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There are two fundamentals to maximizing your ability to win a deal–unfortunately, both tend to be executed very poorly. The first is Qualification, or as I like to call it, Disqualification. This focuses us on pursuing the right deals with customers that are committed to changing.

The second is the Discovery Process.

Too often, sales people skip right over this, going straight to pitching their products/solutions. We see day in sales people’s clumsy outreach to us. Whether in an email or a bad prospecting call, most skip over qualifying and understanding what our needs/interests might be–immediately pitching their products.

The other mistake, more “sophisticated” sales people do is “selective discovery.” They ask questions about problems, goals, needs, but selectively–only looking for something that enables them to immediately jump to presenting their product. It goes something like:

Salesperson: “What are your needs? (Actually a terrible question, demonstrating no knowledge of the customer, the potential areas they might be interested in, but not surprisingly the first need identification question sales people ask?)”

Customer: “We want a robust system that all our people can use and will support our growth for the forseeable future.”

Salesperson: “Let me tell you about our product…….”

In their needs identification the sales person is listening to that cue that enables him to launch into talking what he wants to talk about, rather than trying to understand the customer.

Each area we identify with the customer enables us to dive deeply into a more complete understanding. Taking the example, from above, the customer wanting a robust system, an astute sales person might ask:

  • What do you mean by a “robust system?”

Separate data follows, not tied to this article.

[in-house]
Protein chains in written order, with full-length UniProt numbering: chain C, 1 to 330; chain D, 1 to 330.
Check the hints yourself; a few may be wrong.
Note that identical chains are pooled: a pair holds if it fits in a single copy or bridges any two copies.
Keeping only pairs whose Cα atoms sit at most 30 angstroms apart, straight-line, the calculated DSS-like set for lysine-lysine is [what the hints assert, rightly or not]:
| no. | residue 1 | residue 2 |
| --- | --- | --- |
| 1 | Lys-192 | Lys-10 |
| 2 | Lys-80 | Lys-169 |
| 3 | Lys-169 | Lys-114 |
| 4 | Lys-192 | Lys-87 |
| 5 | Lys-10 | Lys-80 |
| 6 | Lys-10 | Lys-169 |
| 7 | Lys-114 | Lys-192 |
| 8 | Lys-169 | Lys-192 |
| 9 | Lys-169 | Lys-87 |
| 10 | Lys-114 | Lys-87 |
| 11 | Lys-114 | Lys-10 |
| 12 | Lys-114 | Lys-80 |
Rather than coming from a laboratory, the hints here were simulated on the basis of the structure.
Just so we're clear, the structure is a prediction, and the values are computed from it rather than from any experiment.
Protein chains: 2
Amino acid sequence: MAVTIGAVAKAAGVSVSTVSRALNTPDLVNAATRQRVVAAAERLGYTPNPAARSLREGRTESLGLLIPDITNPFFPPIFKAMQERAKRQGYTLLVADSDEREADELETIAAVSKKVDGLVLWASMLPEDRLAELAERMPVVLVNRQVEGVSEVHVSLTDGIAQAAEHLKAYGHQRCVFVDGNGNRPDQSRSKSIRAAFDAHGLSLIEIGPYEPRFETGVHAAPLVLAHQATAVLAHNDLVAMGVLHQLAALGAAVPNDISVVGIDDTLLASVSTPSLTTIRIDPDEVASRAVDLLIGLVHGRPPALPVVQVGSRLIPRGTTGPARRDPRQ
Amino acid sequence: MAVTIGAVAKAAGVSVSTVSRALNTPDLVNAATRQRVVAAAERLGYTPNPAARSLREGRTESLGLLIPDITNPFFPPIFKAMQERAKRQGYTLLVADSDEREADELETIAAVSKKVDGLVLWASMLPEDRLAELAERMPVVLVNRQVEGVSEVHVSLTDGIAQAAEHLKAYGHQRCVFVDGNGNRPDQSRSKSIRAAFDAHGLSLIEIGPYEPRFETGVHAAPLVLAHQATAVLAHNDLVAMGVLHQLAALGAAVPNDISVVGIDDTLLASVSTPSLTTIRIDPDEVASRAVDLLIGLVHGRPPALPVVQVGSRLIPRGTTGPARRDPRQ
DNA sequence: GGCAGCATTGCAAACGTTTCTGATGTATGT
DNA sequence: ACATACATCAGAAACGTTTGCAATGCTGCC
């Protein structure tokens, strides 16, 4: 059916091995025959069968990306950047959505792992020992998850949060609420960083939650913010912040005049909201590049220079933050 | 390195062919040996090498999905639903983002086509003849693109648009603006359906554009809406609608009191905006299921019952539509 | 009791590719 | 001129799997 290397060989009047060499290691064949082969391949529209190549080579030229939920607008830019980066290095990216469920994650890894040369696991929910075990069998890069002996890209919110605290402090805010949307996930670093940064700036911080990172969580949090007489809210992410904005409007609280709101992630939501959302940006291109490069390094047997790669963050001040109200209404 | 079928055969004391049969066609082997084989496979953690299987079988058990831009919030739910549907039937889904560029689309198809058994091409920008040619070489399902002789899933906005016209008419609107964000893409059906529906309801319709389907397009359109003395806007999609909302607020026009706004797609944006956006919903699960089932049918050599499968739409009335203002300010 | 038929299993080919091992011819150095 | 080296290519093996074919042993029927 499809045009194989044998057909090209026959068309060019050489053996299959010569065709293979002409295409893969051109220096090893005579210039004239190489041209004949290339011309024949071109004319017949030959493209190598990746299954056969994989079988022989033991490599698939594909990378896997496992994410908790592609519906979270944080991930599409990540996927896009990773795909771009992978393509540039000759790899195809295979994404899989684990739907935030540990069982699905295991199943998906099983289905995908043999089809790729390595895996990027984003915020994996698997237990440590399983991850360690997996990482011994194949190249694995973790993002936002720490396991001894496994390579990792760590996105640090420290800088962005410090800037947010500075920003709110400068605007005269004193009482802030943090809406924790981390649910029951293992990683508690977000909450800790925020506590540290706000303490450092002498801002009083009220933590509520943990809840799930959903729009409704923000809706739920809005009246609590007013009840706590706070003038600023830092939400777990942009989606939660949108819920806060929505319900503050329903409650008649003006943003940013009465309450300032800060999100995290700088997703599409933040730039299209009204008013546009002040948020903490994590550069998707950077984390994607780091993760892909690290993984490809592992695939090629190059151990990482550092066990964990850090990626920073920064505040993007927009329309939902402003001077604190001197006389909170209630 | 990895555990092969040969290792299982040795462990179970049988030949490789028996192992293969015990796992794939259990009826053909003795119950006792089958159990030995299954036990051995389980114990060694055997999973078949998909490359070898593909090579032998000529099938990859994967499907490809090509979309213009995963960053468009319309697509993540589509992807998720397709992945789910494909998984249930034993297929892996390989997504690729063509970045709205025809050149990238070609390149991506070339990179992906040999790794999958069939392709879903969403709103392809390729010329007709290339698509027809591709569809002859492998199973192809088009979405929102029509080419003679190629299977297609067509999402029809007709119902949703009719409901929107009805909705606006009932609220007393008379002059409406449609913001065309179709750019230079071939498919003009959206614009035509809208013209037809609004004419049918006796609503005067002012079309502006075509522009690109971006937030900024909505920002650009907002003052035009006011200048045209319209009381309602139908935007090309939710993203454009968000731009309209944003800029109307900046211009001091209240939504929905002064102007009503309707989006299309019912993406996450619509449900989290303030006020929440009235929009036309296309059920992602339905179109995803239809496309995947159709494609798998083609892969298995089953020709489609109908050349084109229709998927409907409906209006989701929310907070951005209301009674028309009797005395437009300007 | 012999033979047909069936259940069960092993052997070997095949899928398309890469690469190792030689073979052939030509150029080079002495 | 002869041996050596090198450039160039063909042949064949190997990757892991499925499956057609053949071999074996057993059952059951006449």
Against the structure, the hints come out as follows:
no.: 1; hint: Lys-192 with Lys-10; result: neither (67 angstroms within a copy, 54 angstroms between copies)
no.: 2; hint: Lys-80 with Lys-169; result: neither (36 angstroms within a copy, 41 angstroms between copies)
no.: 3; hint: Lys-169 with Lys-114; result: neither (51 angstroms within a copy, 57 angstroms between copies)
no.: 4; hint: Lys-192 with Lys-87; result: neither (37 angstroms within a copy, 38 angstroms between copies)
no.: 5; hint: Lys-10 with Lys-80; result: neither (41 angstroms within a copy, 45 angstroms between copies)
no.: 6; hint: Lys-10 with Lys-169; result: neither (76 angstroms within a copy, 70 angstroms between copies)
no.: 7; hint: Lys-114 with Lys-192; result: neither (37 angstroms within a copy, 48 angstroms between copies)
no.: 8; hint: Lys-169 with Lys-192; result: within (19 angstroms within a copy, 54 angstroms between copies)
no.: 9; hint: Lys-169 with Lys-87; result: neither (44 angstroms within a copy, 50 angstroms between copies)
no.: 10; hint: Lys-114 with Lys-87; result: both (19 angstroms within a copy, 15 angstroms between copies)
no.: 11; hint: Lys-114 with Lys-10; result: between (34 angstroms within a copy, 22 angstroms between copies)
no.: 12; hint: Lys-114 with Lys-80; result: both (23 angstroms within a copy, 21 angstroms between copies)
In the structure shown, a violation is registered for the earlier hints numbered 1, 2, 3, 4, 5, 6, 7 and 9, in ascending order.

• How is your current system failing you?
  • What is the impact of that on your business?
  • How will you know you have chosen a robust system?
  • What do your expect to achieve with that robust system?
  • How would you measure your ability to achieve those goals?

One could go on an on in probing the customer to understand what they are trying to achieve, why it is a problem, why it is important to them, and what the impact might be.

Discovery helps you understand people’s attitudes, opinions, hopes, dreams, fears, goals, what’s important to them, and why.

Discovery helps you understand what they know, how well they may understand the area they are looking at, how well they may understand alternative solutions.

Discovery helps you understand how they will buy, who will be involved, the criteria they will use in selecting a solution, their priorities, the process they will use to buy.

Discovery helps you understand what they don’t know but need to learn and understand to achieve what they are trying to do.

Discovery helps you understand where they are at currently, what/why they need to change, how committed they are to change, what they want to achieve and when.

Discovery helps you understand what they need to do on their side to get approval for the change, how they will get support, how they will actually implement the solution and drive the change.

Properly done, in the discovery process, the customer will tell you everything you need to do to earn their business. All you have to do is respond!

But there’s another important aspect to Discovery.

The customer is going through their own Discovery process.

This is our opportunity to teach them, to help them learn.

Maybe they don’t understand the problems at a deep enough level. Or they don’t understand what they can achieve.

Perhaps they don’t know what they should be looking for and why. Or they have overlooked some critical things, or they are missing some opportunities.

Perhaps they don’t know how to organize themselves and make a decision, or critical activities they should consider in buying. How should the evaluate the alternatives? Should they do a POC? What could they learn from people that are already implementing solutions? How can they more effectively justify the investment to their management, getting approval? What’s it take to implement the solution, where are the risks, how do they avoid/mitigate them?

Often customers through the normal pressure of day to day business or through lack of experience in buying rush through their own discovery process missing critical things.

The customers’ discovery processes are our opportunity to teach them how to buy and how to achieve their goals most effectively.

Imagine taking the time to do this well yourself and helping the customer take the time so they can do this well.

This process, in itself, enables you to create tremendous value with the customer. It enables you to differentiate your self from your competition–remember all of them are rushing to the pitch.

Once you have a properly qualified opportunity–the Discovery Process is where you win or lose the deal.